Is having goals making you unhappy? This has always been a difficult question for myself, with pundits on both sides trying to make the answers seem cut and dried. I think the answer is a little more complex.
Goal-setters often describe their goalless counterparts as being lazy wanders who never accomplish anything. They never learn to push themselves and therefore never get to feel the satisfaction that comes from working hard towards something that doesn’t currently exist.
Those who work without goals, often feel the opposite. That goal-setters are stressed-out, frustrated and depressed when life doesn’t fit into their ten year plan. They miss the finer points in savoring life and often trip over huge opportunities in the rush to achieve.
The Hammer and the House
I think the real problem with this is a false-dichotomy. Goalless action and goal-setting aren’t mutually exclusive. Even though they may sound like polar opposites, I also believe they hold more similarities than differences.
The real problem comes from mistaking tools for the reality in which they operate. This is similar to mistaking the hammer for the house. While the hammer is simply a tool to accomplish work, the house is an independent structure.
You often need hammers, saws, rulers and levels to accurately make a house, so sticking to one tool is pointless. Yet many people insist on seeing the world as a division between focusing on goals and not focusing on goals.
Legitimizing Goalless Action
Goalless action doesn’t have a lot of legitimacy in Western culture. It’s seen as being weak, hedonistic or flaky. We’re told to figure out what job you want, work hard to achieve societies goals, reach the American dream.
In traditionally Eastern cultures the focus is quite different. Goalless action is mentioned in the Bhagavad-Gita as a method to perfection. The philosophy of Daoism is also centered on a similar principle of a goalless life. Buddhism claims that the cause of suffering is bound within our desires.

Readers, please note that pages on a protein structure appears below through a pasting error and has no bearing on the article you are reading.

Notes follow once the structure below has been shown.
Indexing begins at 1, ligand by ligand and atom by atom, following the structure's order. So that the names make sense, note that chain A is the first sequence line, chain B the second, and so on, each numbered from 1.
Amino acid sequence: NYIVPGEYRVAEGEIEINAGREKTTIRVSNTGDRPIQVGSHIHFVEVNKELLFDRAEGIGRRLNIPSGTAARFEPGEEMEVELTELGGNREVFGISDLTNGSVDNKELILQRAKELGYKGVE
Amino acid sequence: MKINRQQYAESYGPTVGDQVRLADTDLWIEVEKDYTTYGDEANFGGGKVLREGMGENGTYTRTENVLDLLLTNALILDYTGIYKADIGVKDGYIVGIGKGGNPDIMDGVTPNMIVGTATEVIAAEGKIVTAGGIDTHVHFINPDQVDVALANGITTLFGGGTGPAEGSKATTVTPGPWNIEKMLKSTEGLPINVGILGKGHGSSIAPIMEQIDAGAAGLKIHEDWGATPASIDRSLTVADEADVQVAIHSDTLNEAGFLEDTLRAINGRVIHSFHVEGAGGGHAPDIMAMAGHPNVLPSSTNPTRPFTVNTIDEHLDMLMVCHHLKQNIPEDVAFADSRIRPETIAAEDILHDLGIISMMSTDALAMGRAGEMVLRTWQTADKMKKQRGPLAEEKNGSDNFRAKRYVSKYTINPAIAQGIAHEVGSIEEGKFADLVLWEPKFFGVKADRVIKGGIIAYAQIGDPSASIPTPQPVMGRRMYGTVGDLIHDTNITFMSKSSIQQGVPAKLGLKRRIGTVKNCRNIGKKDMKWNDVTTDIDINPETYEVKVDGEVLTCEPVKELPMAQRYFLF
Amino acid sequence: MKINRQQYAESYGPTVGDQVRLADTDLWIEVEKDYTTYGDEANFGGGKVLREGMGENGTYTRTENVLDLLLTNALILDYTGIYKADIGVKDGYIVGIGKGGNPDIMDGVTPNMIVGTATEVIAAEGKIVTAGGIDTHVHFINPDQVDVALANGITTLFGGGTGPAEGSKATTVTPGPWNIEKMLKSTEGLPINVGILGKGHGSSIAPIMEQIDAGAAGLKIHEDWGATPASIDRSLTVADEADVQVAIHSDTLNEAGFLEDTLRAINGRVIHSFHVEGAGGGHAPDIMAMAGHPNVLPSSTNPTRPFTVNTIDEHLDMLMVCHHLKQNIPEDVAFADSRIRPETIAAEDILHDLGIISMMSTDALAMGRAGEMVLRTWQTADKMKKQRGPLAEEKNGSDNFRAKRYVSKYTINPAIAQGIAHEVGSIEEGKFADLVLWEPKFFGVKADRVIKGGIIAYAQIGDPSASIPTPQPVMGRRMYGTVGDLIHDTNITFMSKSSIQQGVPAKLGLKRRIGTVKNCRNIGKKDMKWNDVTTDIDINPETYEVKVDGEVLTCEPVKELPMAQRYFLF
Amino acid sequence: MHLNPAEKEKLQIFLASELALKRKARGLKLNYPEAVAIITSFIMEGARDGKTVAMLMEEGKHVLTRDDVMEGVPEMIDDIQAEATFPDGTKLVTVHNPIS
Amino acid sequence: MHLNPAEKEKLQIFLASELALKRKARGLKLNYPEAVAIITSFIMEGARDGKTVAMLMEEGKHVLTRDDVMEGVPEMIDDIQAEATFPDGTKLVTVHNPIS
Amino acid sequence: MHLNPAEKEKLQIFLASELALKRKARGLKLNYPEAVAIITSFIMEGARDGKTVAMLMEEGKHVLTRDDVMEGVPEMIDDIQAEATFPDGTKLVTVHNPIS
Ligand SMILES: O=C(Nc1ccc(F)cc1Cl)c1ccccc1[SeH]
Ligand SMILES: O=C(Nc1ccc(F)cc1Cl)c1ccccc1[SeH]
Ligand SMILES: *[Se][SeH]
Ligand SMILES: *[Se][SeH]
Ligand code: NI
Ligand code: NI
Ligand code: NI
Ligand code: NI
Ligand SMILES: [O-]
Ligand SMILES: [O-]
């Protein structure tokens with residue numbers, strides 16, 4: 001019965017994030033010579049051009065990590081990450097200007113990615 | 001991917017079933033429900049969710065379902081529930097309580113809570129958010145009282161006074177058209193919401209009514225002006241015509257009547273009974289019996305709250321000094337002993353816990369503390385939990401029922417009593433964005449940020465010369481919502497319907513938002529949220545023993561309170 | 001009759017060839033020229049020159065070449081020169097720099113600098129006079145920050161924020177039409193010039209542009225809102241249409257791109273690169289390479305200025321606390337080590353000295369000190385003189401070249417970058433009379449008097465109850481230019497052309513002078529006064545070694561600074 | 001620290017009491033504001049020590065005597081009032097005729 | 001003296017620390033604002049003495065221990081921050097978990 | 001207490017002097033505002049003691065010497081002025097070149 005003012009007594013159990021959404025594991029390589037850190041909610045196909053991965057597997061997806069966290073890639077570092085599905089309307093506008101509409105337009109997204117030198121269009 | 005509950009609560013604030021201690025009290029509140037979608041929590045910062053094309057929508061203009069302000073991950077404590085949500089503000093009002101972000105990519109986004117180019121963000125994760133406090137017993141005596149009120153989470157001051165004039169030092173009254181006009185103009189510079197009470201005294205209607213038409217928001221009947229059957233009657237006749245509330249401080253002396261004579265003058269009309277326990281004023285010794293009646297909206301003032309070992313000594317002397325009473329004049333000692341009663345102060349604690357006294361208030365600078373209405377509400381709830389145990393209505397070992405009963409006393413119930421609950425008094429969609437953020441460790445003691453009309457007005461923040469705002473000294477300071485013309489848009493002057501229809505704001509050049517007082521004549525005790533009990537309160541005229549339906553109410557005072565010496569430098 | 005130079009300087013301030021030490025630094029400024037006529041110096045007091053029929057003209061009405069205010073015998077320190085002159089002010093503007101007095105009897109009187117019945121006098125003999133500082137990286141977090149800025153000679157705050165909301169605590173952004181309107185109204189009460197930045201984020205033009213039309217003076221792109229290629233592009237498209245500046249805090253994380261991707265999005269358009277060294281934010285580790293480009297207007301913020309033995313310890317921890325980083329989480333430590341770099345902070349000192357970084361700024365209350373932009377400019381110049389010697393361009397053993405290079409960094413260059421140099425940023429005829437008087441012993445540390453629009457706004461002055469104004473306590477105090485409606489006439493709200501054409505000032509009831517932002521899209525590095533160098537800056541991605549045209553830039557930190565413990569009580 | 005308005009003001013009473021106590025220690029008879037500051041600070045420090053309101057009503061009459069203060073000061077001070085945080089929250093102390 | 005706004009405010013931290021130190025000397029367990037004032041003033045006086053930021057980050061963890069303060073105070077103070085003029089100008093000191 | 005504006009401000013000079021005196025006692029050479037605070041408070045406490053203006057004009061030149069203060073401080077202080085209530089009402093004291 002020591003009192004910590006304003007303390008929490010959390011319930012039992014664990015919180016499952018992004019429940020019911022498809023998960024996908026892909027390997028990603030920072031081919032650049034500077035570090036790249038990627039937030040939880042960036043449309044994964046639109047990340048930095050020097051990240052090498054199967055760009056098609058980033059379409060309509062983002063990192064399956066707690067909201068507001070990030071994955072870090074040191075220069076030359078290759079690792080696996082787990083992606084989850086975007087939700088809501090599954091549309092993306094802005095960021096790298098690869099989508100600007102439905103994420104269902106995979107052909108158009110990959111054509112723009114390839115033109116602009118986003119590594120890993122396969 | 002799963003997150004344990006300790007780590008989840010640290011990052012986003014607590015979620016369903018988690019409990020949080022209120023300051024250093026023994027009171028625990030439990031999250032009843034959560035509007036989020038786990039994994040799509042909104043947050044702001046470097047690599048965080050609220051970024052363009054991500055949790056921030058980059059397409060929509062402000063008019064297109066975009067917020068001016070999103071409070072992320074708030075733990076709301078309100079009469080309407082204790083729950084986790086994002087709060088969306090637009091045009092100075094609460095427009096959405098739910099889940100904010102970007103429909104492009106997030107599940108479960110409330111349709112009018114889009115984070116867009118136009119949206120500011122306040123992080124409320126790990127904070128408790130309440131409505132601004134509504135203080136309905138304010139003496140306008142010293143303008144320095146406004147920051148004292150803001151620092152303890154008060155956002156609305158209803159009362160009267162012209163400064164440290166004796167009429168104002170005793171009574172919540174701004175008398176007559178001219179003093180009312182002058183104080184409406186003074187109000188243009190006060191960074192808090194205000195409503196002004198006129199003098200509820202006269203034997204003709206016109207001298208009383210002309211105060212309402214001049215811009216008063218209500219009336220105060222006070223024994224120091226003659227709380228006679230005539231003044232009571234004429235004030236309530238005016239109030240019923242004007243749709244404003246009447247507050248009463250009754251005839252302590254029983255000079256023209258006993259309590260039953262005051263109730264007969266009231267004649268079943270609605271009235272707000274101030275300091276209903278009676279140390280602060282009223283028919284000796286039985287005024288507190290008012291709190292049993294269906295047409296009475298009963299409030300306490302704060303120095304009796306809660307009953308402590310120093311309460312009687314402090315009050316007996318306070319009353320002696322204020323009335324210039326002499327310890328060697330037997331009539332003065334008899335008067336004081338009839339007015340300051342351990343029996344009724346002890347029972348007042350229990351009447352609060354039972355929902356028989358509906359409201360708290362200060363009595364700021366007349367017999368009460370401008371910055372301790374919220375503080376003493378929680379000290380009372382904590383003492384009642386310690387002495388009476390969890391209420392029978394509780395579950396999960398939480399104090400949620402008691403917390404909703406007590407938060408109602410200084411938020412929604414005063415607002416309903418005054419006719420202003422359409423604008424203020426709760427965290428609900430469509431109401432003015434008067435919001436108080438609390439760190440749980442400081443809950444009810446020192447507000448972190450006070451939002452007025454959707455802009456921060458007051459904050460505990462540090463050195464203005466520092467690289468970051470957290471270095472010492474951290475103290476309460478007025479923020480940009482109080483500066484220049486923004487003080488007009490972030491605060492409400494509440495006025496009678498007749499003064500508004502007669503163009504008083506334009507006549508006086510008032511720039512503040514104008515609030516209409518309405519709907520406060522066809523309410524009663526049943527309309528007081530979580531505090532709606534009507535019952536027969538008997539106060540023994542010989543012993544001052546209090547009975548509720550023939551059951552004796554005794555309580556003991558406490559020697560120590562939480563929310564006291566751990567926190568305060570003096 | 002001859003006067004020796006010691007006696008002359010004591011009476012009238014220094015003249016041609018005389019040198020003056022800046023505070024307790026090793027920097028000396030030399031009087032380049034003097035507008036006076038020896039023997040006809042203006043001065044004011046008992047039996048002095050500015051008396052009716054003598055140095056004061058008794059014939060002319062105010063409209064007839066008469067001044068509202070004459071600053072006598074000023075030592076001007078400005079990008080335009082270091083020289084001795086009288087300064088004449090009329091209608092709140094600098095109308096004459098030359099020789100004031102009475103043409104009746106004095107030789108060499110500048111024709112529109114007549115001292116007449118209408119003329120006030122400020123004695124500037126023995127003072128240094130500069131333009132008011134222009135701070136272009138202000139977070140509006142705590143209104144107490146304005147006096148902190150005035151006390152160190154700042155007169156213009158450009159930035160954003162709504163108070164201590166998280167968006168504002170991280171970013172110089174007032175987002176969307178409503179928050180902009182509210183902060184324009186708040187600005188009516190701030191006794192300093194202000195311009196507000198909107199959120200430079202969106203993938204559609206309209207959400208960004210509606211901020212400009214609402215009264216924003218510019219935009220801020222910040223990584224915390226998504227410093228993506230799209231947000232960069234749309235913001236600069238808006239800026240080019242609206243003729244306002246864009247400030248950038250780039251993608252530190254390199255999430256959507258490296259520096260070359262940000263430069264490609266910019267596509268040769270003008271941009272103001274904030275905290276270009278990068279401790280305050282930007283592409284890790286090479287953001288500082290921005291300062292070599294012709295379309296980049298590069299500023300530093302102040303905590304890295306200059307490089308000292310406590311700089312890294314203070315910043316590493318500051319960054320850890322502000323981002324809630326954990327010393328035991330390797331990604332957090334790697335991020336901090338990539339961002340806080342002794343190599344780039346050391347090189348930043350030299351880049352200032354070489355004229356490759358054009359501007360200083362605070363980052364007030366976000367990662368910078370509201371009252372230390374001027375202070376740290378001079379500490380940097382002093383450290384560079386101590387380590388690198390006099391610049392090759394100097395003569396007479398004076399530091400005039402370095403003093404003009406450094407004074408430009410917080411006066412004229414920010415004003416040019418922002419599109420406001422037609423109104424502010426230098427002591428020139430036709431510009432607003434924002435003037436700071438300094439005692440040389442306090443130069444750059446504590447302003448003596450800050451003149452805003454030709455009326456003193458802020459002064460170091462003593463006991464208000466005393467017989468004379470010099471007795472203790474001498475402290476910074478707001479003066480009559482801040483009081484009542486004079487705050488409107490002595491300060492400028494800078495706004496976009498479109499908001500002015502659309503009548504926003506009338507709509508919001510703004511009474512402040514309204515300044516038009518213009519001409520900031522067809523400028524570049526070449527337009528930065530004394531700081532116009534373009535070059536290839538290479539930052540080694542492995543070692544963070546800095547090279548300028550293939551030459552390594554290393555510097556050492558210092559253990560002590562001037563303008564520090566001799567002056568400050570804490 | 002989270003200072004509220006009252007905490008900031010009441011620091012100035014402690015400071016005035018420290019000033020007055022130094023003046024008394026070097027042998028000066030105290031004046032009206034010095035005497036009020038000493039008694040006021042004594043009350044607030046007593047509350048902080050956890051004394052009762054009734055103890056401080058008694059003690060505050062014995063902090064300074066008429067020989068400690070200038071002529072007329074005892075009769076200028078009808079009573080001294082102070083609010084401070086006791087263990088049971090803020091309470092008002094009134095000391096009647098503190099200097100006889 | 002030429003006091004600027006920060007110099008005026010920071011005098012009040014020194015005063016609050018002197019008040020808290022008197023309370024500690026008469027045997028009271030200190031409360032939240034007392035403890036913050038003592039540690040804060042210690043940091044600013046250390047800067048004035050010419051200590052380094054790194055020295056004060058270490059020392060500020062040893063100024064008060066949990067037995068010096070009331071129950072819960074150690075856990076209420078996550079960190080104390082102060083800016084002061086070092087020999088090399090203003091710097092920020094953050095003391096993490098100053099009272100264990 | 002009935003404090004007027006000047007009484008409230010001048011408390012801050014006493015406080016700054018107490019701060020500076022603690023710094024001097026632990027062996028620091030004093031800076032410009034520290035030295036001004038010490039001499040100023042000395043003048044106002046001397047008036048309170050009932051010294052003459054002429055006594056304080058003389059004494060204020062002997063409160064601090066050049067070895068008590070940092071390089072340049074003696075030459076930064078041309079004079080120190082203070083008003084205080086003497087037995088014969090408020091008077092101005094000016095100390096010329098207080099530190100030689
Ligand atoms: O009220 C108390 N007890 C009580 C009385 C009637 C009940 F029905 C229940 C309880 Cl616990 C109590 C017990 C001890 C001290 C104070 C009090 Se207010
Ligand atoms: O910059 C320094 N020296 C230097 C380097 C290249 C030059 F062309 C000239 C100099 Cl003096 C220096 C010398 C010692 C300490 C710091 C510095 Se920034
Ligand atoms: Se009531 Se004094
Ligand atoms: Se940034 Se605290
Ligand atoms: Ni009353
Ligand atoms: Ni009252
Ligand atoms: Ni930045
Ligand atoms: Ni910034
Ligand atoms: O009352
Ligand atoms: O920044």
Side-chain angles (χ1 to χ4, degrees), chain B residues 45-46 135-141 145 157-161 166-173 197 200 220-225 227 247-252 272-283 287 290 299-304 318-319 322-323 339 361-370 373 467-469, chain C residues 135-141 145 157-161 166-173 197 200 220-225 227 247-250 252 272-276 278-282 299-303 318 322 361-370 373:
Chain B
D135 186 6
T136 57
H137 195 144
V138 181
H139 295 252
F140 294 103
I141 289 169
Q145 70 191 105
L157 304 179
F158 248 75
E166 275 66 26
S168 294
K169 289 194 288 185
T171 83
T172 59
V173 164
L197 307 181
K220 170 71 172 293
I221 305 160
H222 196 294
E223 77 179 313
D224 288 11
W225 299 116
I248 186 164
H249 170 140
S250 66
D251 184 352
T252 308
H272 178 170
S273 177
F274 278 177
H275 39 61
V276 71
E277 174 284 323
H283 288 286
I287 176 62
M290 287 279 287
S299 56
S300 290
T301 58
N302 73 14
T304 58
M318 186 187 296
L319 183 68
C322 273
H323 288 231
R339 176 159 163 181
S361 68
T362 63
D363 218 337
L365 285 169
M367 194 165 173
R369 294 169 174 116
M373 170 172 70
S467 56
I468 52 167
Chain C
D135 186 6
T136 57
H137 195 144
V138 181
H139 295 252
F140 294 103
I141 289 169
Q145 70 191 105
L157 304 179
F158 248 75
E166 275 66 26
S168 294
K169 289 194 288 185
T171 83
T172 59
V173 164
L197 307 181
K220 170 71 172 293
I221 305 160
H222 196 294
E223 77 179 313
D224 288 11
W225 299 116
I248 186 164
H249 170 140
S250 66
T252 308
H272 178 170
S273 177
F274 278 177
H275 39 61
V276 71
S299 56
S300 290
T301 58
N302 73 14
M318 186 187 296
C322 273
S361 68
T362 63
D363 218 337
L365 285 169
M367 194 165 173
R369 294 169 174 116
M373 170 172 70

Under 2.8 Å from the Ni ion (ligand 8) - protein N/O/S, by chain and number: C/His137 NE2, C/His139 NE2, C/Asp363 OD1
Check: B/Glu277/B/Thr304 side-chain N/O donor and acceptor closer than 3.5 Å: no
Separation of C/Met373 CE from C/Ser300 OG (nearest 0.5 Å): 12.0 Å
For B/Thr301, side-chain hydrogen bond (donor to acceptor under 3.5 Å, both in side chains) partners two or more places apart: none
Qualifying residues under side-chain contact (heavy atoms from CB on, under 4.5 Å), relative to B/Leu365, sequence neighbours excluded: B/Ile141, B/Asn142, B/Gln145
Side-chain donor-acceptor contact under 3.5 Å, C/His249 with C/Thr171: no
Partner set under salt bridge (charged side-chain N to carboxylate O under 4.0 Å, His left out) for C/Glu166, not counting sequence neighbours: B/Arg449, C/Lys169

Who should you believe? Is it simply a balancing act? Should you just compromise and set a few goals but also try to smell some of the roses? I personally believe that most compromises are borne out of an incomplete picture of the world. I do think both these perspectives are valid, but that they need to exist within a larger whole.
A Whole Life Perspective
The problem happens when you confuse the hammer with the house. Believing that a goal or goalless focus is the essence of reality is giving both approaches more credit than they deserve. Both have merit in producing quality experiences, but I don’t think either should be worshiped.
The alternative is to see each as a tool that has specific applications. Hammers work well with nails. Saws work well with things you want to cut. Trying to hammer a board or saw a nail is foolish. Similarly goals and goalless action have domains they work best in.
Goals & The Vertical Domain
I’d like to carve up life into two broad areas: vertical and lateral. This intellectual knife-cutting is a tad misleading, since the two areas blur into each other. But if you accept that experiences fall somewhere along these two domains, it will simplify the discussion.
The first is the vertical domain. This is the area of effectiveness, external success, achievement, discipline, focus and planning. In this area you know what to do and what you want to achieve. The processes are straightforward even if they are difficult.
This is also the domain of goal-setting. Goals work well here since they act as a magnifying glass. They tunnel your vision towards a particular objective and block out distractions along the way.